Actually, "weaknesses" is the wrong word here -- it's more accurate to say that the books have some qualities that are just antithetical to movies.  In fact, it may be that Tolkien's whole worldview isn't really well-suited to movies.  His notion of a hero is Frodo, somebody who isn't a fighter, isn't a great thinker, isn't physically strong enough to climb Mount Doom at the end, and isn't morally strong enough to destroy the One Ring when he gets there.  Movie heroes tend to be exemplary in flashy ways, and tend to, in the end, do what needs doing on their own -- they succeed by being extraordinarily gifted individualists.  But for Tolkien, being a hero just means being a good person, and continuing to do the right thing, even if it's just putting one foot in front of the other, under greater and greater mental adversity.  This is a way that, ironically, Tolkien feels more like real life than many ostensibly-realistic movies.

And movie heroes tend to get doled out prizes for their efforts.  They get the Thing they set out for at the start, whether it's money, or success, or a girl (who often gets dispensed like so much chattel).  Compare this to Frodo -- the only Thing that Frodo gets is, he gets to keep the world from ending.  He doesn't even reckon he'll survive, towards the end.  And even though he does, you sense that something is broken in him afterwards, beyond the Nazgûl injury to his shoulder.  You sense that when the ship to Valinor comes, Frodo *has* to depart.  He's saved the world, but he doesn't get to keep it.[2]

So again, kudos to Peter Jackson for making the Frodo story work, because he and his team are adapting source material that's, in lots of ways, antithetical to how movies -- especially genre movies -- tend to work.

Throughout, the film steadily works the plot up to cliffhangers.  I can't remember many cliffhangers in the original novels, apart from things looking very dire at the end of The Two Towers.  I just don't think Tolkien was too interested in plot, so much as he was interested in world-building, and in certain moral ideas that he wanted to play with.  So Jackson is left doing lots of shuffling, like transposing the first chapter of The Two Towers to the end of the first movie.  He keeps finding ways to cut off a storyline at its point of direst peril, usually after the heroes have seen their options narrow down to one possible action, which is horrible and dangerous and most likely suicidal.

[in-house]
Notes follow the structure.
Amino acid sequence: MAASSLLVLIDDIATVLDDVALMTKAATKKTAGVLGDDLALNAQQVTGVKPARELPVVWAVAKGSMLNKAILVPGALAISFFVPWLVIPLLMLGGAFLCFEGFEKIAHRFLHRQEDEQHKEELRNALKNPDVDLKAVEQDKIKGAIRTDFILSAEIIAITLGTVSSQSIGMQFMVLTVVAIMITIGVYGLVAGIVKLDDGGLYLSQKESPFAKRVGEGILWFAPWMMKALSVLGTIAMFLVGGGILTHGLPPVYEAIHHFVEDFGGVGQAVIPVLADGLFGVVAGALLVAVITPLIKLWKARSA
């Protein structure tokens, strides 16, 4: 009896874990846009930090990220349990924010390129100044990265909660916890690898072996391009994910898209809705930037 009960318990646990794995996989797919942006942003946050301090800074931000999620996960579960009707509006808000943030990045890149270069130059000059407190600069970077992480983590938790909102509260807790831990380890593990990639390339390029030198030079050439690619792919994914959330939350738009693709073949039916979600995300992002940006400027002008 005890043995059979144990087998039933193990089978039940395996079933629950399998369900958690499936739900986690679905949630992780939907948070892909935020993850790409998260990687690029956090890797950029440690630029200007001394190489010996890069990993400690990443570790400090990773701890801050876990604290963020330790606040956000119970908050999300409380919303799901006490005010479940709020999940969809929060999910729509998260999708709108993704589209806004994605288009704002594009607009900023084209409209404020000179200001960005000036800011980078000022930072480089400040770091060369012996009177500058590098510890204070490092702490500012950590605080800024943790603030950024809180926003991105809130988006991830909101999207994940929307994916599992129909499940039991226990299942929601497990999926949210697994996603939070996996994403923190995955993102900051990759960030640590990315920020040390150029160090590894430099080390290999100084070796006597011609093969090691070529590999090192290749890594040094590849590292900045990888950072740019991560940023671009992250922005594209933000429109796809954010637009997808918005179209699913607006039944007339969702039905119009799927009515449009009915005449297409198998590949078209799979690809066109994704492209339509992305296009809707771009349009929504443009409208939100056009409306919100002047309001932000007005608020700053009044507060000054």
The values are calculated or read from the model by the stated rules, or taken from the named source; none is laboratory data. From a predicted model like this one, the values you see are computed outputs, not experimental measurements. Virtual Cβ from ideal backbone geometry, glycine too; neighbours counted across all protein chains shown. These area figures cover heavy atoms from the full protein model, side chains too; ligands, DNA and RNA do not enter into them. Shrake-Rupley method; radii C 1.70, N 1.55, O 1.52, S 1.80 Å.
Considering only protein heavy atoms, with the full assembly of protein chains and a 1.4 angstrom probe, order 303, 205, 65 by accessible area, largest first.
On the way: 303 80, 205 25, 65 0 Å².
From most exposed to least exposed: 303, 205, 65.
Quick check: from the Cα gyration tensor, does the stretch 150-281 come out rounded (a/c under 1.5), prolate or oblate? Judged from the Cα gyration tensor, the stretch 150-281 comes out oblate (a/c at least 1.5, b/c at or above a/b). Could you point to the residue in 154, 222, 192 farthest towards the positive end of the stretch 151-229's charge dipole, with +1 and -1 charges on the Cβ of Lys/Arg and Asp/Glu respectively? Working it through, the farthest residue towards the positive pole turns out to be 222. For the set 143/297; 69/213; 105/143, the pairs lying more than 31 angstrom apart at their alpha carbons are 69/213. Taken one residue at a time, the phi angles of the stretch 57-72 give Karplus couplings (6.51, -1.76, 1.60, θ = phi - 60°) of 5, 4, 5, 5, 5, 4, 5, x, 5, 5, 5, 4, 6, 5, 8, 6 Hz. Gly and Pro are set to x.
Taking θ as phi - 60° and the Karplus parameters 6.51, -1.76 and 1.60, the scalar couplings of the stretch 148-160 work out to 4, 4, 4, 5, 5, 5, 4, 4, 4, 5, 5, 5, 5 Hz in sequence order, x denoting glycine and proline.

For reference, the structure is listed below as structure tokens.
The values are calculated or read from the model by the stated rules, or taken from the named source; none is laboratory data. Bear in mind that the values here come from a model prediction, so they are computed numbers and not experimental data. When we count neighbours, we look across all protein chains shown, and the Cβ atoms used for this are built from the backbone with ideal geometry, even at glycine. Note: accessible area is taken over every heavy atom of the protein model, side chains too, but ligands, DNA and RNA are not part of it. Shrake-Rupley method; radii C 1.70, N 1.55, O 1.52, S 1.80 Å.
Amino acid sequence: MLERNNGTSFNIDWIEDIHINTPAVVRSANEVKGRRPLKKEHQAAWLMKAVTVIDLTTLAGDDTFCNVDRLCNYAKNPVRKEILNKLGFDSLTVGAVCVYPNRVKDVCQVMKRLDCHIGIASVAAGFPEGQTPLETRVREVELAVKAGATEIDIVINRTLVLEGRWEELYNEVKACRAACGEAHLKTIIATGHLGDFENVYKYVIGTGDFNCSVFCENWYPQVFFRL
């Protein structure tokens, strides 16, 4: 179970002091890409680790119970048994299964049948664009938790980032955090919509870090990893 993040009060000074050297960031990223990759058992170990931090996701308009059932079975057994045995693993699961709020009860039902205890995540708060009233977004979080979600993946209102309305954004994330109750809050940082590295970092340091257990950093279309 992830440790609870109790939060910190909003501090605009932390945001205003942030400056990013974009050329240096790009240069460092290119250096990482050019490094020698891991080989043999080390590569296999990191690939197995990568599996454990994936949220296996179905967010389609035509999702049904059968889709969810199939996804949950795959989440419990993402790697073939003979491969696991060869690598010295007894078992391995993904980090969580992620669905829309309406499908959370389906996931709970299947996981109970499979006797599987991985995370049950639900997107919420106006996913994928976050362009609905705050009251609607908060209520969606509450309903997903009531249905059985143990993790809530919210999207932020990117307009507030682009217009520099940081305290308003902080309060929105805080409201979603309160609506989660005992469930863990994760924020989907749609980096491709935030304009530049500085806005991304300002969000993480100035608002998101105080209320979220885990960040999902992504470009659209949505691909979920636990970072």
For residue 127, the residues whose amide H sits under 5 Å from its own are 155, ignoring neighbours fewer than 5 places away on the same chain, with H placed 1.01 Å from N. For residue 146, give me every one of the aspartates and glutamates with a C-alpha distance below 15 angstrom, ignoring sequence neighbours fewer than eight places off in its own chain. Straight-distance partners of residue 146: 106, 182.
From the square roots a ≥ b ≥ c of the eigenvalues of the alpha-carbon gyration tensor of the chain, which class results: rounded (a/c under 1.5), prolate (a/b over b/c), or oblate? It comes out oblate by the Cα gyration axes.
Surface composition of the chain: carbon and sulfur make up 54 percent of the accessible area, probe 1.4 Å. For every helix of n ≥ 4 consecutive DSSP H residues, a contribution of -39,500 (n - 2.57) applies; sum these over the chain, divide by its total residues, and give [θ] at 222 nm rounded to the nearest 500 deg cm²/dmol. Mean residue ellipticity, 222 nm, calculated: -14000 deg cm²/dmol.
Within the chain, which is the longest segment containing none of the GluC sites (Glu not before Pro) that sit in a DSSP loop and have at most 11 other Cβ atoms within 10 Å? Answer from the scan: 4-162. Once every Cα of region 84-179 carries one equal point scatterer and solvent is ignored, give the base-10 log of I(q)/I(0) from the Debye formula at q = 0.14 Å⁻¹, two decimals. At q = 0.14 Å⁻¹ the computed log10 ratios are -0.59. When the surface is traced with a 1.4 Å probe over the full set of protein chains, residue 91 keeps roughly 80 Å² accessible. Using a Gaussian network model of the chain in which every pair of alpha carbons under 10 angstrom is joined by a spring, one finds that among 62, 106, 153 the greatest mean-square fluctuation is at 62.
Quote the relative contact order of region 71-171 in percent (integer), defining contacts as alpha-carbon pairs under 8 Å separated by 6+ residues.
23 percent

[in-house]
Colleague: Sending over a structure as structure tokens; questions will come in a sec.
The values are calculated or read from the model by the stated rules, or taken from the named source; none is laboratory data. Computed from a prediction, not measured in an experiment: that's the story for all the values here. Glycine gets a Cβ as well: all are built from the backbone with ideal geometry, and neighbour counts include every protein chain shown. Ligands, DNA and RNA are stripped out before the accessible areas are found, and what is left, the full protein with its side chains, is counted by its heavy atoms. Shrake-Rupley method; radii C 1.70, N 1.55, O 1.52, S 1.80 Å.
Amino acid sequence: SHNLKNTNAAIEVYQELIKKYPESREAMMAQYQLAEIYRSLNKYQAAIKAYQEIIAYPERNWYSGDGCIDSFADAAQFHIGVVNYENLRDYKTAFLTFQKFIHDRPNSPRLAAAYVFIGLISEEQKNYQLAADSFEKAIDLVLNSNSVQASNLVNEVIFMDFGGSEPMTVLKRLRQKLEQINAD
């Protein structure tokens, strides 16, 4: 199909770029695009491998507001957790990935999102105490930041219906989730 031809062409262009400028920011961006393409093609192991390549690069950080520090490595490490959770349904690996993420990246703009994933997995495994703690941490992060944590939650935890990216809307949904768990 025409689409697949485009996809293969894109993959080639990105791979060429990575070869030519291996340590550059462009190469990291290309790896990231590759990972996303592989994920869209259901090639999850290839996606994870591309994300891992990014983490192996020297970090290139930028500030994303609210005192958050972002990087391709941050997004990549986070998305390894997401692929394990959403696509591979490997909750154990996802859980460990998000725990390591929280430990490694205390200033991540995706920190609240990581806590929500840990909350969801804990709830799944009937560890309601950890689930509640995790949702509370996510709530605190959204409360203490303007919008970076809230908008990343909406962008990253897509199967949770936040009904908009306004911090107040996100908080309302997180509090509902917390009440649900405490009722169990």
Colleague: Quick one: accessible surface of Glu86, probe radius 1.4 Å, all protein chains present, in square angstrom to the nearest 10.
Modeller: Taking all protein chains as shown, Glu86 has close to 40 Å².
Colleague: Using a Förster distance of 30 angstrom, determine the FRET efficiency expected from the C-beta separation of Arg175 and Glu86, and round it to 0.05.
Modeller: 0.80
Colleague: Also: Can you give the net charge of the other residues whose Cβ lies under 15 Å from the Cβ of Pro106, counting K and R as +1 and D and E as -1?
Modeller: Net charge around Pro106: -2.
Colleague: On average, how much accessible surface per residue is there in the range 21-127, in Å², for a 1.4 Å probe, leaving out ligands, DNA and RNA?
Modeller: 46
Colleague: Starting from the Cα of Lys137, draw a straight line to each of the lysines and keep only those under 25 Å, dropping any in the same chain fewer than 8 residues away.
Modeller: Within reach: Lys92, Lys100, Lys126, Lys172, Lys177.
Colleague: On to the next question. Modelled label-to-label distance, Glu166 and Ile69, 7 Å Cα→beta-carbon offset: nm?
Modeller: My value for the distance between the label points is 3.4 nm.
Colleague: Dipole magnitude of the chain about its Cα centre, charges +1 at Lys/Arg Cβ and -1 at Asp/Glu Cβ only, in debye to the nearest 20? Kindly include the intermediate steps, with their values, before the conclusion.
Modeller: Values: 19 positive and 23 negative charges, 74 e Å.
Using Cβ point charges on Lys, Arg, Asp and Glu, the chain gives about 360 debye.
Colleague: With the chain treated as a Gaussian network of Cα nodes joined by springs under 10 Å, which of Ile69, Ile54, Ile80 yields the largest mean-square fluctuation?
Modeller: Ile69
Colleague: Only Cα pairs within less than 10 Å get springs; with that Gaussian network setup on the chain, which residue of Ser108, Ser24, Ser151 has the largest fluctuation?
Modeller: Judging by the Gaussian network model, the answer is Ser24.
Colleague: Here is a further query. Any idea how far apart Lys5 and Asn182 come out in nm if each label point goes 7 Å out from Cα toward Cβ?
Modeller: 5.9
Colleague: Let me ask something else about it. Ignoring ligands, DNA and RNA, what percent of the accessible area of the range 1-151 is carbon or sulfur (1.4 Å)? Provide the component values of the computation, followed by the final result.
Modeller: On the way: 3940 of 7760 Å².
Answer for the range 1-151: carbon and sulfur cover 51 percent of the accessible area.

I had a few minor annoyances.  Every single reference to earlier material is accompanied by a hand-hold-y voiceover or flashback to earlier footage.  I was amused at how bloodless the combat was (Uruk-hai blood is, of course, not red).  The racial views of the trilogy are troubling (why yes, all the bad people are swarthy and come from the south).  I wondered if Gimli were such simple comic relief in the original novels, or if the movies just reduced him to that.  These days, I'm old enough that, when I watch violence, I spend most of my time wincing, thinking that, ooh, that would dislocate your shoulder, and ouch, those people must have permanent tinnitus now, and yeah, my back would never heal right after an incident like that.  And I kept noticing how good tends to win because evil tends to design systems with really catastrophic single-points-of-failure.

Also, and for no good reason, I wished the captions had a "Quenya" option.

But in the end, I was again amazed -- first that these movies got made at all, and also that they got made so well.  During  The Return of the King, for everything from "... but I can carry you" to the end, I was happily reduced to a blubbering mess.  Huzzah!
       

For next time:  watching lots of Batman, in preparation for Fandom on Saturday.  Also, I'm still reading the Doc Savage book Devil on the Moon, and still listening to some old radio episodes of The Shadow, to prepare for Strange Worlds.

________
[1] That is, give your heroes a seemingly all-powerful ally who helps them barely scrape by -- and then kill the all-powerful ally, leaving our heroes completely screwed.
[2] It also makes me think that maybe Tolkien works his religious beliefs into his work in a much less flashy and allegorical way than his colleague C. S. Lewis.  This would amuse the hell out of me, as it would seem to parallel Tolkien being (IIRC) kind of annoyed with Lewis's religiosity after Tolkien himself influenced Lewis to convert to Christianity.